As I type the Dow's up 300+ points, Nasdaq's up 2%, S&P 500's up 1.3%; very nice rally! Question is, should you believe it?
Well, technically-speaking, you could. Yesterday saw a late-session wipe out that took the oversoldness of the market to extremes, and we had the kind of breadth that smelled of the classic capitulation that often signals the all clear.
Problem is, none of the near-term headwinds we listed in this week's message have measurably abated.
Sure, banks issued good earnings, revenue and even outlooks this morning, but that was to be expected. However, while -- unlike industrials, materials and, ultimately, tech -- banks aren't directly in the cross hairs of the U.S./China trade dispute, JPM's Jamie Dimon, in this morning's media call, had to acknowledge the potential macro risk it presents:
"The U.S. and global economy continue to show strength, despite increasing economic and geopolitical uncertainties, which at some point in the future may have negative effects on the economy."But he also said:
"Eventually we'll have a trade deal with China"Our view is that if that deal occurs while macro conditions remain strong, the bull market has a ways to run. Operative words being "while macro conditions remain strong".
In the meantime, here again is our list of near-term concerns that should have you not ordering the kegs and breaking out your rally hat for the weekend end-of-the-pullback party:
1. While Q3 earnings reports will reflect the strong profits that come with strong business conditions, I expect that they will be marred notably by uncertain outlooks due primarily to global trade concerns, which will exacerbate the otherwise typical inflation concerns that accompany a mid/late-stage economic expansion.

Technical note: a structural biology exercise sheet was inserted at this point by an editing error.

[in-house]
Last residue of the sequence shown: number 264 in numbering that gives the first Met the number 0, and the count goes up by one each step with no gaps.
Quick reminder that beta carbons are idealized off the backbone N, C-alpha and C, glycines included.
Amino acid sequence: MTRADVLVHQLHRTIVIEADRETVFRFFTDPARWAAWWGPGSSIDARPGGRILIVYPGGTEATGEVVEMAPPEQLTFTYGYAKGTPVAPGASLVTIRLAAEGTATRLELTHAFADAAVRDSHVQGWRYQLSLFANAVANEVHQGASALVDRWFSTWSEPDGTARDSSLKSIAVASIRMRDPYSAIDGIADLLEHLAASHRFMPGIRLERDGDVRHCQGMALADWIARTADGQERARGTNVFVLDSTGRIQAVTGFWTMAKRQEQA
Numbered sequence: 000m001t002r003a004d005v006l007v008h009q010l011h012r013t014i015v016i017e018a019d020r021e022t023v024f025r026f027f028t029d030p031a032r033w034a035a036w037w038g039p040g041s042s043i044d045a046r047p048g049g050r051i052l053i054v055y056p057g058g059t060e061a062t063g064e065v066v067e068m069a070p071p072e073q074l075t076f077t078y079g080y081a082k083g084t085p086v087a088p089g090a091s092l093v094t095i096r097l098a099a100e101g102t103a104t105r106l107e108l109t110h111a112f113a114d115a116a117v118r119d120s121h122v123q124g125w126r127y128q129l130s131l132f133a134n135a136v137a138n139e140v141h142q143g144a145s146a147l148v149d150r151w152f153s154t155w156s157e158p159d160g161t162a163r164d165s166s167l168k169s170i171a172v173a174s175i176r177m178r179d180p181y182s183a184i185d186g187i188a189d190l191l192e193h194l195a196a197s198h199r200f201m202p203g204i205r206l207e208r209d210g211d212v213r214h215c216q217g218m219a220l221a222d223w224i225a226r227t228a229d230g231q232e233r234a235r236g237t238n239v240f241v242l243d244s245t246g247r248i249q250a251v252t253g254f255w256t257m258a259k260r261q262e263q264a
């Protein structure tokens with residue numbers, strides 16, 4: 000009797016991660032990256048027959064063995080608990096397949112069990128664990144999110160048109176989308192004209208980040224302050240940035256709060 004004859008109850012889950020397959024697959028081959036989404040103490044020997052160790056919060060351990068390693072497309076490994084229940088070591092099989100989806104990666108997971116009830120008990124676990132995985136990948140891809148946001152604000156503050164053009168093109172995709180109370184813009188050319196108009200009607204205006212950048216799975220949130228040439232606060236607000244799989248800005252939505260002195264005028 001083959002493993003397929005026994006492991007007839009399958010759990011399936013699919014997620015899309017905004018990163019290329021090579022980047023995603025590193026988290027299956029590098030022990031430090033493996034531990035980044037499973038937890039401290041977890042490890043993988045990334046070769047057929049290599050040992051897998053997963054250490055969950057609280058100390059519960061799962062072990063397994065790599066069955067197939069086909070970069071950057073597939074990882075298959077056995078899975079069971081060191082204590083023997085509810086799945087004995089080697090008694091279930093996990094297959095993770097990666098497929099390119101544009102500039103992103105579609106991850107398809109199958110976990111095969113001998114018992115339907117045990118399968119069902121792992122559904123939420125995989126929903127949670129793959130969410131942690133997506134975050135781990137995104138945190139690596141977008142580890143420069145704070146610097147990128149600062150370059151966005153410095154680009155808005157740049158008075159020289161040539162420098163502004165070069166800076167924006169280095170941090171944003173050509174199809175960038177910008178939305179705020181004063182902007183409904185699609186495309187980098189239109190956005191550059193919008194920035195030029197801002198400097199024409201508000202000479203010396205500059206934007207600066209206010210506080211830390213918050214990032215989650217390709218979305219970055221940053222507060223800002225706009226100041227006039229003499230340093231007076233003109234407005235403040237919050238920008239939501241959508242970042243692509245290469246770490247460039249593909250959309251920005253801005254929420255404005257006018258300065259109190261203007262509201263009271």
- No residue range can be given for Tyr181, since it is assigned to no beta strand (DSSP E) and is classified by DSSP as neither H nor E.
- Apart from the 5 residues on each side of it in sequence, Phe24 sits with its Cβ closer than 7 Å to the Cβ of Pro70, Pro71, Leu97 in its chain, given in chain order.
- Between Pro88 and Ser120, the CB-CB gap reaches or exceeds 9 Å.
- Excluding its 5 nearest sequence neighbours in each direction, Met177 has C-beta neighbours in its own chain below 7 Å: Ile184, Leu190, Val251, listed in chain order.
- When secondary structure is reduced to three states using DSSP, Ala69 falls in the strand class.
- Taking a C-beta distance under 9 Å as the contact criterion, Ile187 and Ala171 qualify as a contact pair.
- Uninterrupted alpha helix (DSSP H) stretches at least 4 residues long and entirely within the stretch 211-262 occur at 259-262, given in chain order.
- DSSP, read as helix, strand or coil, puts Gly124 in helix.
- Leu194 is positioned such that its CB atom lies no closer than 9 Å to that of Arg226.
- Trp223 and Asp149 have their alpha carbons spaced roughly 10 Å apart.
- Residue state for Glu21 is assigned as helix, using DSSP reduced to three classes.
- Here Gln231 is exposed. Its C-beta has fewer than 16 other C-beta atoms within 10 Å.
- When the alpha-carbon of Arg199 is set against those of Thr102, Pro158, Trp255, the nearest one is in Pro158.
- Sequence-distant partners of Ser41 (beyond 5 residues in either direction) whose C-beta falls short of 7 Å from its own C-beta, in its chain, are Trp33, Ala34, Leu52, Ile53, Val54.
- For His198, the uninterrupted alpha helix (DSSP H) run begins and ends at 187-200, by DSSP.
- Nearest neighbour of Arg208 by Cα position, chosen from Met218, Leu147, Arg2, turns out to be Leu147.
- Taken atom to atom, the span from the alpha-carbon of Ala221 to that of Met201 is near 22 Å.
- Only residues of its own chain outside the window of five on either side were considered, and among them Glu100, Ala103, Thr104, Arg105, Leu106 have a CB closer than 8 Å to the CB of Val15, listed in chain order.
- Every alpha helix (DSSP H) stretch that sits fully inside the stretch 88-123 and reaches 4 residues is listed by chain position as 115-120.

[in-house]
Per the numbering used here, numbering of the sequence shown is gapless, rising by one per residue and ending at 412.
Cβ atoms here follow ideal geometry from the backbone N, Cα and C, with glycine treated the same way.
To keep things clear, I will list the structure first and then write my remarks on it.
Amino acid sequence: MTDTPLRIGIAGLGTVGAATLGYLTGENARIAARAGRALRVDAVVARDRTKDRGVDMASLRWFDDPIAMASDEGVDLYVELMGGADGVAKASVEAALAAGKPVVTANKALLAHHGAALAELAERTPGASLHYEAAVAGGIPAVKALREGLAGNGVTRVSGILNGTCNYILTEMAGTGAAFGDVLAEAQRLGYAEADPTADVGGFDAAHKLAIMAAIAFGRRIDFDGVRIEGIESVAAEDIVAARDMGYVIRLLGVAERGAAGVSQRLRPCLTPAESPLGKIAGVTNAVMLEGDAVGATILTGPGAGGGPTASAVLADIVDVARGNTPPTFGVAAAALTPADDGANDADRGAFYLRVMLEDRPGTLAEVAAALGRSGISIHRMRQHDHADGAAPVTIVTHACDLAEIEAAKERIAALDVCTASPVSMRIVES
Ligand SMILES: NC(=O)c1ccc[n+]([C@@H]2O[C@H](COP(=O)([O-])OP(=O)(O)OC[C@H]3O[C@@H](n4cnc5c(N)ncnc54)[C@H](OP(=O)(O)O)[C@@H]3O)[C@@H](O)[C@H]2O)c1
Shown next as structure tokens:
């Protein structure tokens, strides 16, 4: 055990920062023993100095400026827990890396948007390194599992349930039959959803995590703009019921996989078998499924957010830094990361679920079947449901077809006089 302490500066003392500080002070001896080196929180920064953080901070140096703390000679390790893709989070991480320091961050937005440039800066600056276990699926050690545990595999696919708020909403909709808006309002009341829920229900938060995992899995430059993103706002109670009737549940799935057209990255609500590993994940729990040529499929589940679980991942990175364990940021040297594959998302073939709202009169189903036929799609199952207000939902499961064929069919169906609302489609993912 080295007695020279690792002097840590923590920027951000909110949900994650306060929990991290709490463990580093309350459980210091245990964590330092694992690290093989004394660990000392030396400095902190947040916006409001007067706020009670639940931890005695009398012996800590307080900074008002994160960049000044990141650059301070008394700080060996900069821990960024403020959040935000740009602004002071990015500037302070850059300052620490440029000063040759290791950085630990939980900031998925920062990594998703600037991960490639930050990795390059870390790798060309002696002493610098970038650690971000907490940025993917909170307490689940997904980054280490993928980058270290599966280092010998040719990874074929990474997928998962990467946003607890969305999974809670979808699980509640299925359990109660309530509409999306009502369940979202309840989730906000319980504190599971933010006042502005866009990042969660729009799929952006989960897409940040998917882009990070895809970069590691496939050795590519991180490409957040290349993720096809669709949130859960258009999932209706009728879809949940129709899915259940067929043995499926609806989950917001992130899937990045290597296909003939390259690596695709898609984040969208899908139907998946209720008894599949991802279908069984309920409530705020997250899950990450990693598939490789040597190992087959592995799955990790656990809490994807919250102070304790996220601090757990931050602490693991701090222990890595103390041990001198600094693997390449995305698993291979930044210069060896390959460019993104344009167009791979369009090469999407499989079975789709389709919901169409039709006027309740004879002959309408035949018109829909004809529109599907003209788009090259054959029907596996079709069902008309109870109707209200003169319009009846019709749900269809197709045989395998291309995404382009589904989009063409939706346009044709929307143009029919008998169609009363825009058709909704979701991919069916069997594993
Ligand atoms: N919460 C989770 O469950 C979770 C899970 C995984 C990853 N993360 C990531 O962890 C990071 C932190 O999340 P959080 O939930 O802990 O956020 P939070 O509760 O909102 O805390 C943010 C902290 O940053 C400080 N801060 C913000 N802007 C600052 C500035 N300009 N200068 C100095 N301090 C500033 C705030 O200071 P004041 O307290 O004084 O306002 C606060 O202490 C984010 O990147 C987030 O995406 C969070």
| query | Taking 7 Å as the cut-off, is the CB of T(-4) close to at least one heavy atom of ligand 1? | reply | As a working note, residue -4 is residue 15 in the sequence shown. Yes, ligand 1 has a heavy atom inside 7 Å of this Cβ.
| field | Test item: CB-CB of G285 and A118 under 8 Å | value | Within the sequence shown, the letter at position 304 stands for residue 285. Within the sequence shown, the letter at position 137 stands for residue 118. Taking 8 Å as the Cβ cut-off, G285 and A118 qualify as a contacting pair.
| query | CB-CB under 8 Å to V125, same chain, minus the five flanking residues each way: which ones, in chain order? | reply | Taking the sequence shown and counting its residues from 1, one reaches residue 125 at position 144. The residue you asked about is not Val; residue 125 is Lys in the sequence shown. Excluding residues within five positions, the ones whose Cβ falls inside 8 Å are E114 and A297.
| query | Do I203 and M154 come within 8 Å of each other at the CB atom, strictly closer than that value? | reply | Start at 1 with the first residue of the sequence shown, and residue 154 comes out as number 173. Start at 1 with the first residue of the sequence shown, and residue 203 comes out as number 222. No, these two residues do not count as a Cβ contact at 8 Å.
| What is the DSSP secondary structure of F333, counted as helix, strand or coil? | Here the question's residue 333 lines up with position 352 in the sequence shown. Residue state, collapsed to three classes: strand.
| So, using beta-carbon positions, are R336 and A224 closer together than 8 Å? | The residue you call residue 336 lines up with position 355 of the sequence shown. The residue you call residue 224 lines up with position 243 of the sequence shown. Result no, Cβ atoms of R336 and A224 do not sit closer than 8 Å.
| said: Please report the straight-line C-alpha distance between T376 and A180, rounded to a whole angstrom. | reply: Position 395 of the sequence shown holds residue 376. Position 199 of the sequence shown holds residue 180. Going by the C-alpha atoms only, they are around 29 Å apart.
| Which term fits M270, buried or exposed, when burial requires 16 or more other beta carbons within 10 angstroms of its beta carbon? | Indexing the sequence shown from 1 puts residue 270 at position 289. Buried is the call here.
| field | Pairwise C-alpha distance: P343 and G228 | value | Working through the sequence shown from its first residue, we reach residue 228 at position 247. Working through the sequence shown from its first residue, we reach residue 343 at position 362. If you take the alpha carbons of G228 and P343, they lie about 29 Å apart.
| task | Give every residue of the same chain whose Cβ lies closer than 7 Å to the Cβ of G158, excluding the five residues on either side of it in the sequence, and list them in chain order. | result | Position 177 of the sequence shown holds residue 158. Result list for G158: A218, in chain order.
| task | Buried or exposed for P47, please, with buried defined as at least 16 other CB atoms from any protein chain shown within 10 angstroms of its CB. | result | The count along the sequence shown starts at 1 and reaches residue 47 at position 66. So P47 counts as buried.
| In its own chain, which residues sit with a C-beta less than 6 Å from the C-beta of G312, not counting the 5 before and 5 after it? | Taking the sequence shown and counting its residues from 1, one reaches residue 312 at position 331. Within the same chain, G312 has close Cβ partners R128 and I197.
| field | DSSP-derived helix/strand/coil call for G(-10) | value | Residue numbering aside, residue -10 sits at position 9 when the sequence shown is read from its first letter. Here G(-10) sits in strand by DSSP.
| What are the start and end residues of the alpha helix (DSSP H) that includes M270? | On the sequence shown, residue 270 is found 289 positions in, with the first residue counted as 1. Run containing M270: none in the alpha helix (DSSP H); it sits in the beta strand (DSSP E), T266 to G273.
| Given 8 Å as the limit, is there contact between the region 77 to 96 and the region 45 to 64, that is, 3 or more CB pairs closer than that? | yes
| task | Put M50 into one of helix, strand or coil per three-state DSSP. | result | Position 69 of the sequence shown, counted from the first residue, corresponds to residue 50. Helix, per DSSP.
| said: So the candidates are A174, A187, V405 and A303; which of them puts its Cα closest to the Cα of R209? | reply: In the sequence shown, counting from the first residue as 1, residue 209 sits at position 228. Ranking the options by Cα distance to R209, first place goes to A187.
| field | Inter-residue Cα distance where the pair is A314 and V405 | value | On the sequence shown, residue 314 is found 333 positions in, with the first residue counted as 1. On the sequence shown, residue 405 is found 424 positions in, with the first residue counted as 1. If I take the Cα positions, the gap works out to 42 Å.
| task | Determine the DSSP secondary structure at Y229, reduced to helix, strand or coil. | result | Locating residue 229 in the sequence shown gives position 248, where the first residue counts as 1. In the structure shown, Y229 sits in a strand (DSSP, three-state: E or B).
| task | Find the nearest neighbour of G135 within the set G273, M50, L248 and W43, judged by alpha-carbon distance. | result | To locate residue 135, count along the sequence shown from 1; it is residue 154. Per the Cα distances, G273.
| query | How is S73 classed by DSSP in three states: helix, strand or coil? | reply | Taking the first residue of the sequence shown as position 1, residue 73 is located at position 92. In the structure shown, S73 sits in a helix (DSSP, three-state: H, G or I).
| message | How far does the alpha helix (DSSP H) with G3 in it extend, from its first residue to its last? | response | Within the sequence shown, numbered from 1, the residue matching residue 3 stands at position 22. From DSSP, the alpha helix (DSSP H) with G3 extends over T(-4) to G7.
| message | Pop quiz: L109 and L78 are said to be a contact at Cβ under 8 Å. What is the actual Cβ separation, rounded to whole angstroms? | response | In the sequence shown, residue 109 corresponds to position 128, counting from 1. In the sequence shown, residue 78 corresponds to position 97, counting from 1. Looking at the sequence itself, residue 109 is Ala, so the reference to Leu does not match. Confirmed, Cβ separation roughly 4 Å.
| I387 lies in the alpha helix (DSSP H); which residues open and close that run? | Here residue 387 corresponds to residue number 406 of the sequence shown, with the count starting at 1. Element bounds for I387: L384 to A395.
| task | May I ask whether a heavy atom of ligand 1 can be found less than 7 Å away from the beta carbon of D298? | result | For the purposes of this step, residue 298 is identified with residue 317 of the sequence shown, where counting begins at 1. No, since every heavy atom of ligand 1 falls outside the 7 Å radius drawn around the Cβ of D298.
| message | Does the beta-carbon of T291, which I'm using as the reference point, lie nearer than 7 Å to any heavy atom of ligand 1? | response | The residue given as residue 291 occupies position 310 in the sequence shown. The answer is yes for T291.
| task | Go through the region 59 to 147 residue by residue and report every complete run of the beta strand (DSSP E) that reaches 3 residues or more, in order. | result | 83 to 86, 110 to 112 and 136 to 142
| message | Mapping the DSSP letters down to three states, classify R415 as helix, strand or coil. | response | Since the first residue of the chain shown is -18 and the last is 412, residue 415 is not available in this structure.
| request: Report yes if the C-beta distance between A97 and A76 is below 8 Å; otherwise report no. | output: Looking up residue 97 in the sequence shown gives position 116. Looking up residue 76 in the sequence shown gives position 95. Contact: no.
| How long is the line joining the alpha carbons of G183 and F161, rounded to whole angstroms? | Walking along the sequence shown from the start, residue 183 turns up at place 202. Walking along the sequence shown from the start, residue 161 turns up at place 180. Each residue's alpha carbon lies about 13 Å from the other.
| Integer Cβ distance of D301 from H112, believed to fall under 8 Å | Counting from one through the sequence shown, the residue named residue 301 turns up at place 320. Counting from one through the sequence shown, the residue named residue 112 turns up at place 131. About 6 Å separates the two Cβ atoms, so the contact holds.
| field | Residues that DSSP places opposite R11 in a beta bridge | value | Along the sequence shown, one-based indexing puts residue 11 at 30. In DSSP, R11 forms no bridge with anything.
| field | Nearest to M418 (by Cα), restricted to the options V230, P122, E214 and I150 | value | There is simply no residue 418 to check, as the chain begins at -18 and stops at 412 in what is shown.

2. Rising inflation, as noted in #1.
3. An appropriately hawkish Fed (read rising interest rates).
4. Iran sanctions taking effect on November 4th, thus hampering the distribution of the world's fourth largest store of oil reserves. I.e., higher prices at the pump are likely during the coming holiday shopping season.
5. Uncertainty over mid-term elections.
6. Coming to terms with a slowing global economy and the inevitability/realization that the U.S. is in no way immune to the conditions impacting the other 96% of the world's population.
7. The real potential for further deterioration in U.S./China trade relations.The present macro backdrop, however, should not have you cancelling next summer's vacation (or abandoning your equity positions) either.